Is it possible that
Clinton, who sits on the Senate Committee on Armed Services, should have had more information than other Senators before she voted on the
- Aeronautical and space activities peculiar to or primarily associated with the development of weapons systems or military operations; the common defense; the Department of Defense, the Department of the Army, the Department of the Navy, and the Department of the Air Force, generally; maintenance and operation of the Panama Canal, including administration, sanitation, and government of the Canal Zone; military research and development; national security aspects of nuclear energy; naval petroleum reserves, except those in Alaska; pay, promotion, retirement, and other benefits and privileges of members of the Armed Forces, including overseas education of civilian and military dependents; selective service system; and strategic and critical materials necessary for the common defense.
- Comprehensive study and review of matters relating to the common defense policy of the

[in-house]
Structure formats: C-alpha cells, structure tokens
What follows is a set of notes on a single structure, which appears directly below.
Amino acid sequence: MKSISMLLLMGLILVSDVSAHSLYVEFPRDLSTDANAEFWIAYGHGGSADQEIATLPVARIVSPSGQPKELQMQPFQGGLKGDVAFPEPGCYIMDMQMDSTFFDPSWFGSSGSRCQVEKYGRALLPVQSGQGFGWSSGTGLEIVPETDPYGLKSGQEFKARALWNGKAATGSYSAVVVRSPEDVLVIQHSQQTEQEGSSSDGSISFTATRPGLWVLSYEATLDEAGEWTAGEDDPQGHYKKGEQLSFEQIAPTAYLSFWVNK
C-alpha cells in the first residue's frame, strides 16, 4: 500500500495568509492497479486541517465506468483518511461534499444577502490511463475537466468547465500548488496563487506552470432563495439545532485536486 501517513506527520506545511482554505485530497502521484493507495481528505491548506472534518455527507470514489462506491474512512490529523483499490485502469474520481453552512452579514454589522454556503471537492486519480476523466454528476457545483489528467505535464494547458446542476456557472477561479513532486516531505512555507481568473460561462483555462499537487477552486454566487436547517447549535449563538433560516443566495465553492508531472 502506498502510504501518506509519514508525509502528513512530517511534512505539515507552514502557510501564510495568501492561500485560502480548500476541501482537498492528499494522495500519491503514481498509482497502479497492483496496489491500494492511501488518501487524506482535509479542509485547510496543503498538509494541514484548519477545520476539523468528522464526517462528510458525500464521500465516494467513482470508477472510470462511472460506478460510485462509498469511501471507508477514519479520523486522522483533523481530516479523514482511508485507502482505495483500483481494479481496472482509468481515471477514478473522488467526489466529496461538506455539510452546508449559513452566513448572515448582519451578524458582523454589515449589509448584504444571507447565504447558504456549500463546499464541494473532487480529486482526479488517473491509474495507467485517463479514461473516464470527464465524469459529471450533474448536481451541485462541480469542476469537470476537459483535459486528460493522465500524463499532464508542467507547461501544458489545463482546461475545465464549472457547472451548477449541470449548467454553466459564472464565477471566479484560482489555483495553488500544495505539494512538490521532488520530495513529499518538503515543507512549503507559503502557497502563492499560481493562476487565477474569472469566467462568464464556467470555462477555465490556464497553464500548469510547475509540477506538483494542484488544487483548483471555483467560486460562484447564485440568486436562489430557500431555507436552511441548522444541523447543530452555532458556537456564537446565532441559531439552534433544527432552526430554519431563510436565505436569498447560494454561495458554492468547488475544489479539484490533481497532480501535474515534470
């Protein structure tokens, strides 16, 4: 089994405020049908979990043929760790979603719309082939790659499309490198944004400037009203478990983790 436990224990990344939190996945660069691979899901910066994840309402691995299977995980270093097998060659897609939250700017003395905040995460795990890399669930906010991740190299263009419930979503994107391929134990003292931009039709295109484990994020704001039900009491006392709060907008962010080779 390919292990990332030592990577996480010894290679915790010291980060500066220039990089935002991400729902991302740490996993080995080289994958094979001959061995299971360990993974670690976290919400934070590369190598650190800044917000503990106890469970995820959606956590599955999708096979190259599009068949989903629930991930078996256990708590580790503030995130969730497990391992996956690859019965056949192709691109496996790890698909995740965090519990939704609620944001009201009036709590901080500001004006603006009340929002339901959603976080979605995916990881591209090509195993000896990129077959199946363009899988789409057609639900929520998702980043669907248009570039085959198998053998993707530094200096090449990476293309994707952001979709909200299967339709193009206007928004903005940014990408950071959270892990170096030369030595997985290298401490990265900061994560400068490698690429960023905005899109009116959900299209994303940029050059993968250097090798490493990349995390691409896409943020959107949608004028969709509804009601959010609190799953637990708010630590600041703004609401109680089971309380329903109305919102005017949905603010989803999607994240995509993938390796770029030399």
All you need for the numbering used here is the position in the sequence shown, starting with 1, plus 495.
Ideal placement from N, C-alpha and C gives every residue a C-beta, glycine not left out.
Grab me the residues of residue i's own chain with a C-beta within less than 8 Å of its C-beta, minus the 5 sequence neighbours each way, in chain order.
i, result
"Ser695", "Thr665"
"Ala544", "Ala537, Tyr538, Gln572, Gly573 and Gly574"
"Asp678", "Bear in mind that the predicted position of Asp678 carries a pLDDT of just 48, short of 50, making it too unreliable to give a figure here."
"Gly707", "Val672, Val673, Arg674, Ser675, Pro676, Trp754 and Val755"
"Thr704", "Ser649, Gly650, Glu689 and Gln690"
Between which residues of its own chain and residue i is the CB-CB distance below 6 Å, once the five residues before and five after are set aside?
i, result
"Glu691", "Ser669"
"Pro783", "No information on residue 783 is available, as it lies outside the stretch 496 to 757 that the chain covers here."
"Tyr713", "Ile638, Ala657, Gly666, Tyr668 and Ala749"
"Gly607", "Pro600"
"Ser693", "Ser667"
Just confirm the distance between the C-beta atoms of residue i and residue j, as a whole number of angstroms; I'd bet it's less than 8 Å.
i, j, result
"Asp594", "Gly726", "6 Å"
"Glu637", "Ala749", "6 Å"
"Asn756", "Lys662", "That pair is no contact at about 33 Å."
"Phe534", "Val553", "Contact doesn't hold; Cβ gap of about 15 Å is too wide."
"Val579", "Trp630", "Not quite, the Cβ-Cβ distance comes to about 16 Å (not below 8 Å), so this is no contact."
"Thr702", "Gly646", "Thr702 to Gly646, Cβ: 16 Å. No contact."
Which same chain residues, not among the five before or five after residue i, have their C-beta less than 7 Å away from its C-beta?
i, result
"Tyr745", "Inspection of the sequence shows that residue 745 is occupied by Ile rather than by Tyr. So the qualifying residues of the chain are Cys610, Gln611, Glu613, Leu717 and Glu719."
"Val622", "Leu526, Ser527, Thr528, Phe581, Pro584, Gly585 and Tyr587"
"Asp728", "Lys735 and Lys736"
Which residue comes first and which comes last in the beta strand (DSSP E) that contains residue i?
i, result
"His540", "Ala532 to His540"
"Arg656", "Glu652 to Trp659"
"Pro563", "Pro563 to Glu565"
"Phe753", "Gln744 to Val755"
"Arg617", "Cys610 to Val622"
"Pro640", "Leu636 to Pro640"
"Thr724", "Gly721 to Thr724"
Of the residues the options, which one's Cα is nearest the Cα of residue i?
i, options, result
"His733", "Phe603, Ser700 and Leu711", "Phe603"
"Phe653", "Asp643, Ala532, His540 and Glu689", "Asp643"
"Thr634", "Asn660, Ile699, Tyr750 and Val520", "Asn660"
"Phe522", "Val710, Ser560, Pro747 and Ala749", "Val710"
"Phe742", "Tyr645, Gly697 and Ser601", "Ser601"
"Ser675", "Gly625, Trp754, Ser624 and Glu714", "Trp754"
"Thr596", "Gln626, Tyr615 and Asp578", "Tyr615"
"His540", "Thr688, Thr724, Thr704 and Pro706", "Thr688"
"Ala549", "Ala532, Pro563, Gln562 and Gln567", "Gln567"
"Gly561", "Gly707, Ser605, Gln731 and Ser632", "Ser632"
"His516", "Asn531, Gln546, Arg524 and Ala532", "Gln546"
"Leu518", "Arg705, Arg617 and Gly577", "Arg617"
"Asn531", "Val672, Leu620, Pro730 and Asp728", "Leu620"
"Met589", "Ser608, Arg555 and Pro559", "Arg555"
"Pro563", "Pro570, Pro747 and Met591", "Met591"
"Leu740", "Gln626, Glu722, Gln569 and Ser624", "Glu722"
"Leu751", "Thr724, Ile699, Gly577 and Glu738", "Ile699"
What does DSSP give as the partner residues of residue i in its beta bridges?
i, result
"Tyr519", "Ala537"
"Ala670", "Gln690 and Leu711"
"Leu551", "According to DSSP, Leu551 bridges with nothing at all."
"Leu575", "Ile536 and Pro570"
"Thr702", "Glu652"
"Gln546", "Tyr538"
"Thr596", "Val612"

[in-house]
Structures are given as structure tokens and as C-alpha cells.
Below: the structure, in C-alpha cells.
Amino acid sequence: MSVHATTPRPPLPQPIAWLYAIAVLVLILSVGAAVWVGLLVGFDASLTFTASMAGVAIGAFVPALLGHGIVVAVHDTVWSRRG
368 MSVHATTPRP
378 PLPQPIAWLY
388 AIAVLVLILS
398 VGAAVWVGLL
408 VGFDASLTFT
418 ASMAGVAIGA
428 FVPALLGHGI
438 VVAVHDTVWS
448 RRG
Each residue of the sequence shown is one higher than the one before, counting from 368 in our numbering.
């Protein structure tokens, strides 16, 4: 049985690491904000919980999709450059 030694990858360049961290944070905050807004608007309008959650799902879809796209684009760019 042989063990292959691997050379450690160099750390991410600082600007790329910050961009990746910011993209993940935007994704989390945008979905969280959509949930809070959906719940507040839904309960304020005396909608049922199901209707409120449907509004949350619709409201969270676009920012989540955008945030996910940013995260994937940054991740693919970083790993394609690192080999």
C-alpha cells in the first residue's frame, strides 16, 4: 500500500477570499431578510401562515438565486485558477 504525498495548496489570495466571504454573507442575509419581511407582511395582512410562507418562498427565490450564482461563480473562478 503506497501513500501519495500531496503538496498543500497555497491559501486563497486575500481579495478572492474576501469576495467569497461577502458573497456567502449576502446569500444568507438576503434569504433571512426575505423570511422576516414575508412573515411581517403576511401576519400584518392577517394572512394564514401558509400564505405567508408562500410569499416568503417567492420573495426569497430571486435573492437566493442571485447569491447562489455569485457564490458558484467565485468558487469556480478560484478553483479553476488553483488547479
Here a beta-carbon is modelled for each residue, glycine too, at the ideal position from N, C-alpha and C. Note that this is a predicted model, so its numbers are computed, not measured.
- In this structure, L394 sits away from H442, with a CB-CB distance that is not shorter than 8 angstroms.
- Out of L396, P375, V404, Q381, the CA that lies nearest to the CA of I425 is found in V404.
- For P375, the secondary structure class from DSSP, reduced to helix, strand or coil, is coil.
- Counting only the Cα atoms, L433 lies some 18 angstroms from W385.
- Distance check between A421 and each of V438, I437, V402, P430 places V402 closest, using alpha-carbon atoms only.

Sen. Jim Webb who also sits on this Senate Committee in Armed Services found it very difficult to vote for the Liberman-Kyl Amendment;
- On the Senate floor today, Sen. Jim Webb (D-VA) made an impassioned appeal to his fellow senators, declaring that the Lieberman-Kyl amendment on
Iranshould be “withdrawn” because the “proposal is Dick Cheney’s fondest pipe dream.” Webb cautioned that the “cleverly-worded sense of the Congress” could be “interpreted” to “declare war” on Iran. He continued:
- Those who regret their vote five years ago to authorize military action in
Iraqshould think hard before supporting this approach. Because, in my view, it has the same potential to do harm where many are seeking to do good.
- “At best, it’s a deliberate attempt to divert attention from a failed diplomatic policy,” said Webb. “At worst, it could be read as a backdoor method of gaining Congressional validation for military action, without one hearing and without serious debate.”
- Webb said that amendment’s attempt to categorize the
Iran’s Islamic Revolutionary Guard Corp as “a foreign terrorist organization” would, for all practical purposes, “mandate” the military option against Iran. “It could be read as tantamount to a declaration of war. What do we do with terrorist organizations? If they are involved against us, we attack them.”
- He also slammed the lack of debate and examination that was accompanying the amendment, saying “this is not the way to make foreign policy”:
- We haven’t had one hearing on this. I’m on the Foreign Relations Committee, I’m on the Armed Services Committee. We are about to vote on something that may fundamentally change the way the United States views the Iranian military and we haven’t had one hearing. This is not the way to make foreign policy. It’s not the way to declare war.
So how did the experienced Hillary Clinton get it so wrong?